L4 is selected from substituted alkyl, unsubstituted alkyl, substituted aryl, unsubstituted aryl, substituted heteroalkyl, and unsubstituted heteroalkyl, any of which may be straight, branched, or cyclic; positively and negatively charged amino acid polymers; a polymer; and combinations thereof, wherein L4 does not comprise a carboxylic acyl group directly attached to the N-terminus of (AA1)c;
p is 1; and
X4 is a member selected from the group consisting of protected reactive functional groups, unprotected reactive functional groups, detectable labels, and targeting agents.
2. The compound of claim 1, wherein L3 comprises an aromatic group.
3. The compound of claim 2, wherein L3 comprises a benzoic acid group, an aniline group, or an indole group.
4. The compound of claim 2, wherein -L3—NH— comprises a group having a structure selected from the group consisting of:
wherein Z is a member selected from O, S and NR23, and
wherein R23 is a member selected from H, substituted and unsubstituted alkyl, substituted and unsubstituted heteroalkyl, and acyl.
5. The compound of claim 1, wherein L4 comprises a non-cyclic moiety.
6. The compound of claim 1, wherein L4 increases solubility of the compound as compared to the compound lacking L4.
7. The compound of claim 1, wherein L4 decreases aggregation of the compound as compared to the compound lacking L4.
8. The compound of claim 1, wherein L4 comprises a polyethylene glycol moiety.
9. The compound of claim 8, wherein the polyethylene glycol moiety contains 3-12 repeat units.
10. The compound of claim 9, wherein the polyethylene glycol moiety contains 2-6 repeat units.
11. The compound of claim 10, wherein the polyethylene glycol moiety contains 4 repeat units.
12. The compound of claim 1, wherein (AA1)c is a peptide sequence cleavable by a protease expressed in tumor tissue.
13. The compound of claim 12, wherein the protease is a lysosomal protease.
14. The compound of claim 1, wherein c is an integer from 2 to 6.
15. The compound of claim 14, wherein c is 2, 3 or 4.
16. The compound of claim 1, wherein the amino acid in (AA1)c located closest to the drug moiety is selected from the group consisting of: Ala, Asn, Asp, Cit, Cys, Gin, Glu, Gly, Ile, Leu, Lys, Met, Phe, Pro, Ser, Thr, Trp, Tyr, and Val.
17. The compound of claim 1, wherein (AA1)c is a peptide sequence selected from the group consisting of Val-Cit, Val-Lys, Phe-Lys, Lys-Lys, Ala-Lys, Phe-Cit, Leu-Cit, Ile-Cit, Trp, Cit, Phe-Ala, Phe-N9-tosyl-Arg, Phe-N9-nitro-Arg, Phe-Phe-Lys, D-Phe-Phe-Lys, Gly-Phe-Lys, Leu-Ala-Leu, Ile-Ala-Leu, Val-Ala-Val, Ala-Leu-Ala-Leu (SEQ ID NO: 1), β-Ala-Leu-Ala-Leu (SEQ ID NO: 2) and Gly-Phe-Leu-Gly (SEQ ID NO: 3).
18. The compound of claim 1, wherein (AA1)c is Val-Cit or Val-Lys.
19. The compound of claim 1, wherein D comprises a chemically reactive functional group selected from the group consisting of a primary and secondary amines, hydroxyl, sulfhydryl and carboxyl.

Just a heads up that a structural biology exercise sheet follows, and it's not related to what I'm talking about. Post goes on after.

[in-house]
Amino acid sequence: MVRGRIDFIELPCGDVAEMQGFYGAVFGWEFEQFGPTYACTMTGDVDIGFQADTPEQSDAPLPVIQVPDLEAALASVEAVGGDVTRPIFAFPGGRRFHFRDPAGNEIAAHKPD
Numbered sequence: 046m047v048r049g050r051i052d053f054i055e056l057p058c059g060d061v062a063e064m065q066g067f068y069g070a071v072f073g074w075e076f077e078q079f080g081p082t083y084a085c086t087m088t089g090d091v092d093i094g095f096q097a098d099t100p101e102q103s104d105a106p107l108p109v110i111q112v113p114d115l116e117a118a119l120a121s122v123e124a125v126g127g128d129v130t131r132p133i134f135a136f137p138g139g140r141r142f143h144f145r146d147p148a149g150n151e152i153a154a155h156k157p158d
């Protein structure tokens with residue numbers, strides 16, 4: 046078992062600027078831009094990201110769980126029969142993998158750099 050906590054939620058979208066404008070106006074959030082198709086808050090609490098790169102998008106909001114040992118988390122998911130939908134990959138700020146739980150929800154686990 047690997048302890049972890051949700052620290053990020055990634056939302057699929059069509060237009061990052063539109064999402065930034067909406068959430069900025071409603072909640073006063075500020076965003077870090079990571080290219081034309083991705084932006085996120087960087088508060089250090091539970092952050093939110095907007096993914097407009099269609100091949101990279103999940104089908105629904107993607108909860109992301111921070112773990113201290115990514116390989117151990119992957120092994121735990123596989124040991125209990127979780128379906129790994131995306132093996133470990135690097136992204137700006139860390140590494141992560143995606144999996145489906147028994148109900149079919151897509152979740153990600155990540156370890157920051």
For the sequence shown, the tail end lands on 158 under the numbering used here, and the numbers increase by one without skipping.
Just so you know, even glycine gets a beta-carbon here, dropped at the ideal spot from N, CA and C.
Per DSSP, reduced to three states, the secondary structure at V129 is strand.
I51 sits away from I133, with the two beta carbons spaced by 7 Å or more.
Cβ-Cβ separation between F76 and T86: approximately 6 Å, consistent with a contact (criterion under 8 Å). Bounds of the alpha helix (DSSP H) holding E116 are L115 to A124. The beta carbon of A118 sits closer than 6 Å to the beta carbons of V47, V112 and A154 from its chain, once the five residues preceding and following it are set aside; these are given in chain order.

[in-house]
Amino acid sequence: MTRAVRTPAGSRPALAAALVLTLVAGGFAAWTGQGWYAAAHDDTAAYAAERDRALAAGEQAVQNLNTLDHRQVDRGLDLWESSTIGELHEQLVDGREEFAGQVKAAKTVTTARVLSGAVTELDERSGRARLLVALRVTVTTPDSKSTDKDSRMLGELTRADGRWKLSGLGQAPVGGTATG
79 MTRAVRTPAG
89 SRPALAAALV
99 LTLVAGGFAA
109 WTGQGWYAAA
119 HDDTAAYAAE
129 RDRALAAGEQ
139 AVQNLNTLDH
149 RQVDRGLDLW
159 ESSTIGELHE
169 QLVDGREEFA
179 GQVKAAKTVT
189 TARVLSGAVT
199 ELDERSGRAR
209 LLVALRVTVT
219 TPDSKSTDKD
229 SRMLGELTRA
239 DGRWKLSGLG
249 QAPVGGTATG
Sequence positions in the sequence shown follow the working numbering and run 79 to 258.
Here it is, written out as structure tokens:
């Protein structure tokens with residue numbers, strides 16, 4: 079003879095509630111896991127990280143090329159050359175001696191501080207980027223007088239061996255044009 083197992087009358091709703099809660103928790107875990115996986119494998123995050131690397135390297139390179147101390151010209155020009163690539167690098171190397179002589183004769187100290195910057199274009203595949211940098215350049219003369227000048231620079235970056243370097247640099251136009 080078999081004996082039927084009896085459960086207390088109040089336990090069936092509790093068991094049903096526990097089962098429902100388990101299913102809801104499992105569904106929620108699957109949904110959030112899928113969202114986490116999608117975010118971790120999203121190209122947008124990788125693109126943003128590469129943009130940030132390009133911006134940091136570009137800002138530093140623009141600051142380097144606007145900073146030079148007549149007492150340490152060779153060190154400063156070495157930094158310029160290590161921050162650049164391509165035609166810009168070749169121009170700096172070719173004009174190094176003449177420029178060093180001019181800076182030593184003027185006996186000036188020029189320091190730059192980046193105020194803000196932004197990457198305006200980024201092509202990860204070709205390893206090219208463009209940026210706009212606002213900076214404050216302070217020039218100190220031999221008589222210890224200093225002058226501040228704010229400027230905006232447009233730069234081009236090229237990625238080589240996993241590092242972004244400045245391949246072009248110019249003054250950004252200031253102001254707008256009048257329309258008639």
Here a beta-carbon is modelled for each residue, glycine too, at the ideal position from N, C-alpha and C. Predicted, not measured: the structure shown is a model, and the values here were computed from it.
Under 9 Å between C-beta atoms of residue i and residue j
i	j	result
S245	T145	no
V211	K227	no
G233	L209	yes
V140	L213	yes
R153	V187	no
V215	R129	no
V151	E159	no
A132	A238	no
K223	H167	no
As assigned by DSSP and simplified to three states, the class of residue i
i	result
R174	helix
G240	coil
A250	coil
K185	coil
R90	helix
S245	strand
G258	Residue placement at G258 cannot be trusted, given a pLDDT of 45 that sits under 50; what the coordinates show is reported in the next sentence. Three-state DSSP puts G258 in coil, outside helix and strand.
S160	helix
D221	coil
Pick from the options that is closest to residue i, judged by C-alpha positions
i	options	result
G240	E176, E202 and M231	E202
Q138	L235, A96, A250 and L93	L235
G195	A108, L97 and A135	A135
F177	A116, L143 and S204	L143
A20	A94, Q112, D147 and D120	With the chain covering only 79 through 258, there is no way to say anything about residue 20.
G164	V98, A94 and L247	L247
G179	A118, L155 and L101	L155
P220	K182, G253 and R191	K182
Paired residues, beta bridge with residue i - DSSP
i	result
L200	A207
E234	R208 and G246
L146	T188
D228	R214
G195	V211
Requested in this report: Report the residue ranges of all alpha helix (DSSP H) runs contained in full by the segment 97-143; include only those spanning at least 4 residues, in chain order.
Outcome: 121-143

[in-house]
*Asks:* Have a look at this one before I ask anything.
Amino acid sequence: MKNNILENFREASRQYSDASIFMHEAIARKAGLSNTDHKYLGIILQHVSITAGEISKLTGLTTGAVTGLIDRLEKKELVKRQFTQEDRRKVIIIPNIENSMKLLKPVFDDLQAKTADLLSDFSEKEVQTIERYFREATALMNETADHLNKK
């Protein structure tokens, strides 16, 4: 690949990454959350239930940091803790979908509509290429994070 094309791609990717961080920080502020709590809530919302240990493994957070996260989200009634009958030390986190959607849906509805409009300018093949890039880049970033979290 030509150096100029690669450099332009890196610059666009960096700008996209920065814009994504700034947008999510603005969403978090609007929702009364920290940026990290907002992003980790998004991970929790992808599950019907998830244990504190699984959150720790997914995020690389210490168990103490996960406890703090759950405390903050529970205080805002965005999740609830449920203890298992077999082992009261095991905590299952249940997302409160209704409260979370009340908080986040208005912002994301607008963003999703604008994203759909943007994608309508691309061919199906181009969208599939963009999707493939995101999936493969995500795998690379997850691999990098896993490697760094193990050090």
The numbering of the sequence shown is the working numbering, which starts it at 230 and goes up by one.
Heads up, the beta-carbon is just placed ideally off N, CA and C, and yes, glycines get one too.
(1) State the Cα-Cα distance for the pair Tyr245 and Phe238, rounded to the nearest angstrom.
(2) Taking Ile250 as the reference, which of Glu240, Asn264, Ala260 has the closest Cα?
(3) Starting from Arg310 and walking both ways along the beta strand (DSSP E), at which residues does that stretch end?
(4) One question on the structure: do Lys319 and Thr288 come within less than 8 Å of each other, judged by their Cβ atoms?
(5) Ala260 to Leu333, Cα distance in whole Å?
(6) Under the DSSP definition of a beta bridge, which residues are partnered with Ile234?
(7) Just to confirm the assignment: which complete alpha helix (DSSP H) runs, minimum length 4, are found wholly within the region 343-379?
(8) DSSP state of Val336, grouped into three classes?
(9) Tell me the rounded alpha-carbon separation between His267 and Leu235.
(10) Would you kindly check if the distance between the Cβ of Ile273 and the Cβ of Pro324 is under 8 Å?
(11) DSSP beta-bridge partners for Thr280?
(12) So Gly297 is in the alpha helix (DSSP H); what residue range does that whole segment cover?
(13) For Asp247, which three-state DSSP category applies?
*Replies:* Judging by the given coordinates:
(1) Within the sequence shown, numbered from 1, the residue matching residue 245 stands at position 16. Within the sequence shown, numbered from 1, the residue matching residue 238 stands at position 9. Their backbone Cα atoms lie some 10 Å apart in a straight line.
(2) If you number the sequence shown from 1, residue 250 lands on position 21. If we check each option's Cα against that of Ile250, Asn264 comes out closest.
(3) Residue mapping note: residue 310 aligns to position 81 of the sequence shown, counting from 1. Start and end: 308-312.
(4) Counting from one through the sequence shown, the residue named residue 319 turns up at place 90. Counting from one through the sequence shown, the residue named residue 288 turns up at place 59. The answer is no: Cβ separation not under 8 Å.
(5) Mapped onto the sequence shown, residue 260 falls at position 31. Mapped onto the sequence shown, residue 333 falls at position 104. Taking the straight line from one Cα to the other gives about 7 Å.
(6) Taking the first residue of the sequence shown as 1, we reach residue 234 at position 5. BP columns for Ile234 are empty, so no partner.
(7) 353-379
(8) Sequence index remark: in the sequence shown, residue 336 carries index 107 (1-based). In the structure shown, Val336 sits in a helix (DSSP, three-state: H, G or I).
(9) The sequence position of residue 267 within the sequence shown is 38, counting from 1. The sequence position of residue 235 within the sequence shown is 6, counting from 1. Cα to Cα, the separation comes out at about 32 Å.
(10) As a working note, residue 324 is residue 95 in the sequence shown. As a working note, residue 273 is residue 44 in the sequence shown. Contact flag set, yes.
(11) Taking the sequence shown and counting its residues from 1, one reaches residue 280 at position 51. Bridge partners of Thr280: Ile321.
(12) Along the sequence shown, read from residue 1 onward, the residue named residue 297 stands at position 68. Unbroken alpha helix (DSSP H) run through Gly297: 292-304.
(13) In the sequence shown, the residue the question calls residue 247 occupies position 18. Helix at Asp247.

20. The compound of claim 1, wherein D is selected from the group consisting of: duocarmycins, CC-1065, CBI-based duocarmycin analogues, MCBI-based duocarmycin analogues, and CCBI-based duocarmycin analogues.
21. The compound of claim 1, wherein D has the structure:
wherein
Z is a member selected from O, S and NR23
wherein
R23 is a member selected from H, substituted and unsubstituted alkyl, substituted and unsubstituted heteroalkyl, and acyl;
R1 is H, substituted or unsubstituted lower alkyl, C(O)R8, or CO2R8, wherein R8 is a member selected from group consisting of substituted alkyl, unsubstituted alkyl, NR9R10, NR9NHR10, and OR9
in which
R9 R10 are members independently selected from H, substituted and unsubstituted alkyl, and substituted and unsubstituted heteroalkyl; and
R2 is H, substituted alkyl or unsubstituted lower alkyl;
wherein at least one of R11, R12, R13, R15 or R16 links said drug moiety D to L3, if present, or to the —NH—.
22. The compound of claim 21, wherein R2 is an unsubstituted lower alkyl.
23. The compound of claim 1, wherein NH2—(L3)-D has a structure selected from the group consisting of:
wherein Z is a member selected from O, S and NR23
wherein R23 is a member selected from H, substituted and unsubstituted alkyl, substituted and unsubstituted heteroalkyl, and acyl; and
wherein the NH2 group on each structure reacts with (AA1)c to form -(AA1)c-NH—.
24. The compound of claim 1, wherein D has the structure:
wherein
Z is a member selected from O, S and NR23
wherein
R23 is a member selected from H, substituted and unsubstituted alkyl, substituted and unsubstituted heteroalkyl, and acyl;
R1 is H, substituted or unsubstituted lower alkyl, C(O)R8, or CO2R8, wherein R8 is a member selected from NR9R10 and OR9,